Abstract

CREB (cAMP Response Element Binding Protein) is a nuclear transcription factor that plays a critical role in regulating myeloid cell proliferation and differentiation. CREB is overexpressed in Acute Myeloid Leukemia (AML) cells from the majority of AML patients at diagnosis, and CREB overexpression is associated with a poor prognosis.Transgenic mice overexpressing CREB in myeloid cells develop myelodysplasia/myeloproliferative neoplasms. CREB also cooperates with other oncogenes, such as Sox4, to induce transformation to AML. Knockdown of CREB inhibits AML proliferation but does not affect normal hematopoietic stem cell activity, establishing the crucial role of CREB in AML cell growth and survival.

In vitro, CREB overexpression leads to increased resistance to apoptosis in AML cells. Thus, we hypothesized that increased CREB expression confers chemoresistance, as this may represent one reason that patients with high CREB levels have worse prognoses and relapse following therapy. Previous studies have demonstrated that chemotherapy resistance can result from increased DNA damage repair activity, but CREB has never been implicated in these DNA damage repair processes, nor has CREB even been described as an important transcriptional regulator of DNA damage repair genes. The goal of this study was to characterize whether CREB expression confers chemoresistance through regulation of DNA repair genes in AML cells. Firstly, we established that CREB expression levels correlate with chemoresistance by treating KG-1 cells engineered to express lower and higher levels of CREB with etoposide and doxorubicin, both chemotherapy drugs used to treat AML. Cells with CREB overexpression had increased viability compared to CREB knockdown cells after treatment with both chemotherapies at a range of concentrations. To investigate the underlying mechanism, we performed CREB chromatin immunoprecipitation and RNA-seq following small molecule CREB inhibition to identify the sets of genes that are regulated by CREB in AML cells and whose expression levels are sensitive to CREB inhibition. Out of 88 DNA damage repair genes found to be CREB-bound, 41 exhibited at least a 2-fold change in expression after CREB inhibition. qPCR was performed to determine whether the expression of DNA damage repair genes were proportional to CREB levels. Transcription of ATM, ATR, RAD54L, and RAD51, genes important in sensing and repairing DNA damage, were coordinately regulated with CREB expression. ATM, ATR, RAD54L, and RAD51 were reduced by approximately 42.0%±0.1%, 44.8%±0.1%, 40.2%±0.1%, and 27.9%±0.1% respectively in CREB knockdown cells (p≤0.05). Reduced expression of these genes also had a functional consequence. CREB knockdown cells initiated a lesser DNA damage repair response in response to etoposide treatment, as determined by measured phospho-H2AX levels, compared to wild-type CREB-expressing cells. Conversely, cells with CREB overexpression exhibited the strongest DNA damage repair response following etoposide treatment.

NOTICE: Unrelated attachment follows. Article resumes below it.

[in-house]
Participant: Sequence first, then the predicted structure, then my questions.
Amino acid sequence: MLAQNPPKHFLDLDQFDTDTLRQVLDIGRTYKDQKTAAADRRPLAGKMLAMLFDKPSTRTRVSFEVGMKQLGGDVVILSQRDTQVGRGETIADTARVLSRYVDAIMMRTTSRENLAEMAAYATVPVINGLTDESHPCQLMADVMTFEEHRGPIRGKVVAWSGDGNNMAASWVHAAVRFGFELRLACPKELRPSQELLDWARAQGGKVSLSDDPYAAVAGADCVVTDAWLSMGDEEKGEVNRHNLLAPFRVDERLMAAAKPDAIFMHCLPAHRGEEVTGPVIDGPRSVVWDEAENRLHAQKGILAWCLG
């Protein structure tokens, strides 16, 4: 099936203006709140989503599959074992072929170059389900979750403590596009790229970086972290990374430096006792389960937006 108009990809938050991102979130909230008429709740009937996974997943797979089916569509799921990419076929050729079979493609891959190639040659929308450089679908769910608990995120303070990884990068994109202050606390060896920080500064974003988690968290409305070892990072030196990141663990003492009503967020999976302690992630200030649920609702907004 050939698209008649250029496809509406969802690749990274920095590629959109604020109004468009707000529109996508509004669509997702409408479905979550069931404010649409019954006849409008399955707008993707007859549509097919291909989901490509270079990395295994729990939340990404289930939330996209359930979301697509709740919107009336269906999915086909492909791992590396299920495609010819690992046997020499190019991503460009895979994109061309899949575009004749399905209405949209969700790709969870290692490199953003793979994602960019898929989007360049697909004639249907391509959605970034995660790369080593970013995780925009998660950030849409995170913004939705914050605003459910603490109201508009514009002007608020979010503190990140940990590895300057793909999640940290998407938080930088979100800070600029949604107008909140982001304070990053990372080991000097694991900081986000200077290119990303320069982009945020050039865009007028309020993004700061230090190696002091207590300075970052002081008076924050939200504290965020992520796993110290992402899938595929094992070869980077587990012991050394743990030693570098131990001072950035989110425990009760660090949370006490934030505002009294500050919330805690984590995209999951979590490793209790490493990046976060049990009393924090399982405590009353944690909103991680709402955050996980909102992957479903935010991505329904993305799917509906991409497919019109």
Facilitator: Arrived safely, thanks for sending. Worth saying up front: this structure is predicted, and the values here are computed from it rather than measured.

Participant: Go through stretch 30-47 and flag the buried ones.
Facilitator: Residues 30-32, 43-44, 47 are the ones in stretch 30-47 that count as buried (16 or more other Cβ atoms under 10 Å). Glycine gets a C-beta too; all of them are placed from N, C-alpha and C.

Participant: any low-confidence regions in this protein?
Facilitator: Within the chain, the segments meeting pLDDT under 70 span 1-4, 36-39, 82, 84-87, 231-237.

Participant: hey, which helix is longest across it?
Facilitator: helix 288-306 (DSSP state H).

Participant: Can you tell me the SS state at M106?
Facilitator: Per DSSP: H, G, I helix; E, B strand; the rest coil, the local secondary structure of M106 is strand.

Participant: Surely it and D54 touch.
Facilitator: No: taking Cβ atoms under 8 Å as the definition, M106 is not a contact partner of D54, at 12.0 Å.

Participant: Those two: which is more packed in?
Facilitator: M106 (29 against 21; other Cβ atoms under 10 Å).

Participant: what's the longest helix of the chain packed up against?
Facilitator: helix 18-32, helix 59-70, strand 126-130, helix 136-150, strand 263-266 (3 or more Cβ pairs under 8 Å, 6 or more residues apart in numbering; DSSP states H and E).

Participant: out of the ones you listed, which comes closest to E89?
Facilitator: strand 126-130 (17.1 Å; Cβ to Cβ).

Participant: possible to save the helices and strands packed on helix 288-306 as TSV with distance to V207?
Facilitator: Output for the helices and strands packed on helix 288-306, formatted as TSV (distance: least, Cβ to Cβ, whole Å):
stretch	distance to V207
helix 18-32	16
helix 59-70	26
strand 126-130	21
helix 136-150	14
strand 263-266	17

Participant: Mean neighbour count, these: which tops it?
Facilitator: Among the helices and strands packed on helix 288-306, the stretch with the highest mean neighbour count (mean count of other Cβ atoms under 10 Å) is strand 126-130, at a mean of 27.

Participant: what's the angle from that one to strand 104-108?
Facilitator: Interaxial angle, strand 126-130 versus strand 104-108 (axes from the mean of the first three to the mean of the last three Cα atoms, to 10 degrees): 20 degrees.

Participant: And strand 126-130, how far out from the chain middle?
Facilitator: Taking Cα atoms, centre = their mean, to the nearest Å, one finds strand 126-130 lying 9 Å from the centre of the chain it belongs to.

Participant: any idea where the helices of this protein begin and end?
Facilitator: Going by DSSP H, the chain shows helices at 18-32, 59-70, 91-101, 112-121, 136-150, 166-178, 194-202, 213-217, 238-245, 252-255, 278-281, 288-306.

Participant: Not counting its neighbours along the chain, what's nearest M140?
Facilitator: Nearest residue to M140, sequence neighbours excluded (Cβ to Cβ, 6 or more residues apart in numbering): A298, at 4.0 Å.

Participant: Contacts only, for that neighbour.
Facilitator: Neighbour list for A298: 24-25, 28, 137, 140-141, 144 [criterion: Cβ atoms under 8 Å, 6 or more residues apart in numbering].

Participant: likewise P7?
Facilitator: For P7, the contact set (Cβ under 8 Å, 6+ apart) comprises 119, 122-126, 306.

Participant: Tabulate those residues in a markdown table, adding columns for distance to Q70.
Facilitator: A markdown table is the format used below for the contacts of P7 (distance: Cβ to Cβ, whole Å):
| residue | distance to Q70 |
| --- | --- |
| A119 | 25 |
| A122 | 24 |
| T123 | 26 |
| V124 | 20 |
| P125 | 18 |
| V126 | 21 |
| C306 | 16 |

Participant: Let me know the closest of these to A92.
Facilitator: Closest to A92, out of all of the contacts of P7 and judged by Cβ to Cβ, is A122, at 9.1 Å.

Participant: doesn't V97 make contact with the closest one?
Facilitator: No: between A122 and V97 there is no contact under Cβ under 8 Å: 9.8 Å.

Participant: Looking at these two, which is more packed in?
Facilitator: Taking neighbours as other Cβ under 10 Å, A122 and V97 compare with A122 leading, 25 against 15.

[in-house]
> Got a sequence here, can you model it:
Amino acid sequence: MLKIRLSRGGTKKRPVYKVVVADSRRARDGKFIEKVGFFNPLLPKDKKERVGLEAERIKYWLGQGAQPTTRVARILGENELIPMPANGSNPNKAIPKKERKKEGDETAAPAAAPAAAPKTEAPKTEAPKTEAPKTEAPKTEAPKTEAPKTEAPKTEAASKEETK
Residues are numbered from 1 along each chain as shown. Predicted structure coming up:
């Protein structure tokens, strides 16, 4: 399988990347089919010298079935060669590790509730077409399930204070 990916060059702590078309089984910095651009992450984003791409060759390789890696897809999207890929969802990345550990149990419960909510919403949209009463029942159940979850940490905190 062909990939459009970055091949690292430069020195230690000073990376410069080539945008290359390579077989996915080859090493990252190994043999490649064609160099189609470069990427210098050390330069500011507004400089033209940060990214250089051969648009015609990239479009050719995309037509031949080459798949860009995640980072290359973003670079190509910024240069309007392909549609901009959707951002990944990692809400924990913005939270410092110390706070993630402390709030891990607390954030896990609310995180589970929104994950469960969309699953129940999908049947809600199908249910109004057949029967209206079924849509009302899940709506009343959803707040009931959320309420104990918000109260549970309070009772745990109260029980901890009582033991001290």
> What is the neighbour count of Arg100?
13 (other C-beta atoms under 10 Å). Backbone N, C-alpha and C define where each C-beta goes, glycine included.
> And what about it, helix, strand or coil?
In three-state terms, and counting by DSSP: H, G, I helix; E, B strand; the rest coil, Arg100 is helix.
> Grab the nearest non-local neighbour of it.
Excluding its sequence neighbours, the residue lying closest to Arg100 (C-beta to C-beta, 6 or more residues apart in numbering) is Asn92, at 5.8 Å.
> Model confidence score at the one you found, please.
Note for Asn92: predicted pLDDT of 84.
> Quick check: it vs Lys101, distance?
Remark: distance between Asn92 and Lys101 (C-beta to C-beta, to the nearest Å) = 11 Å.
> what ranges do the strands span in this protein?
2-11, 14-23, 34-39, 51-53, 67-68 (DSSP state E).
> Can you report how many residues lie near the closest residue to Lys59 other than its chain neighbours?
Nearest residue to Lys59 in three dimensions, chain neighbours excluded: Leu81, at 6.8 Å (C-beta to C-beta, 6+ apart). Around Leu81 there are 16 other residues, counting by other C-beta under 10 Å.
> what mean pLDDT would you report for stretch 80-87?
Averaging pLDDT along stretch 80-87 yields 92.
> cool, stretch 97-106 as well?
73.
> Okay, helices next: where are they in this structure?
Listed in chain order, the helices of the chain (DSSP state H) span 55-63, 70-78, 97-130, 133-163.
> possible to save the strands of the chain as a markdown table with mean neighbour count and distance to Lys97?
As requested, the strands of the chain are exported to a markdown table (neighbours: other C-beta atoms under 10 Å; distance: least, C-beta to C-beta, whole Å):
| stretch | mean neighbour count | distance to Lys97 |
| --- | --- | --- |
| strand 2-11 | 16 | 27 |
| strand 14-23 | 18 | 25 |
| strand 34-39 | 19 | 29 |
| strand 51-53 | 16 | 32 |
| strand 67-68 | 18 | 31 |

Taken together, these data demonstrate that CREB overexpression has a protective effect against DNA damage and confers chemoresistance, likely through upregulation of DNA damage repair genes. Future studies will seek to determine if small molecule inhibition of CREB can reduce the transcription of DNA damage repair genes and thus sensitize AML cells to chemotherapeutic agents.

Disclosures

No relevant conflicts of interest to declare.

Author notes

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Asterisk with author names denotes non-ASH members.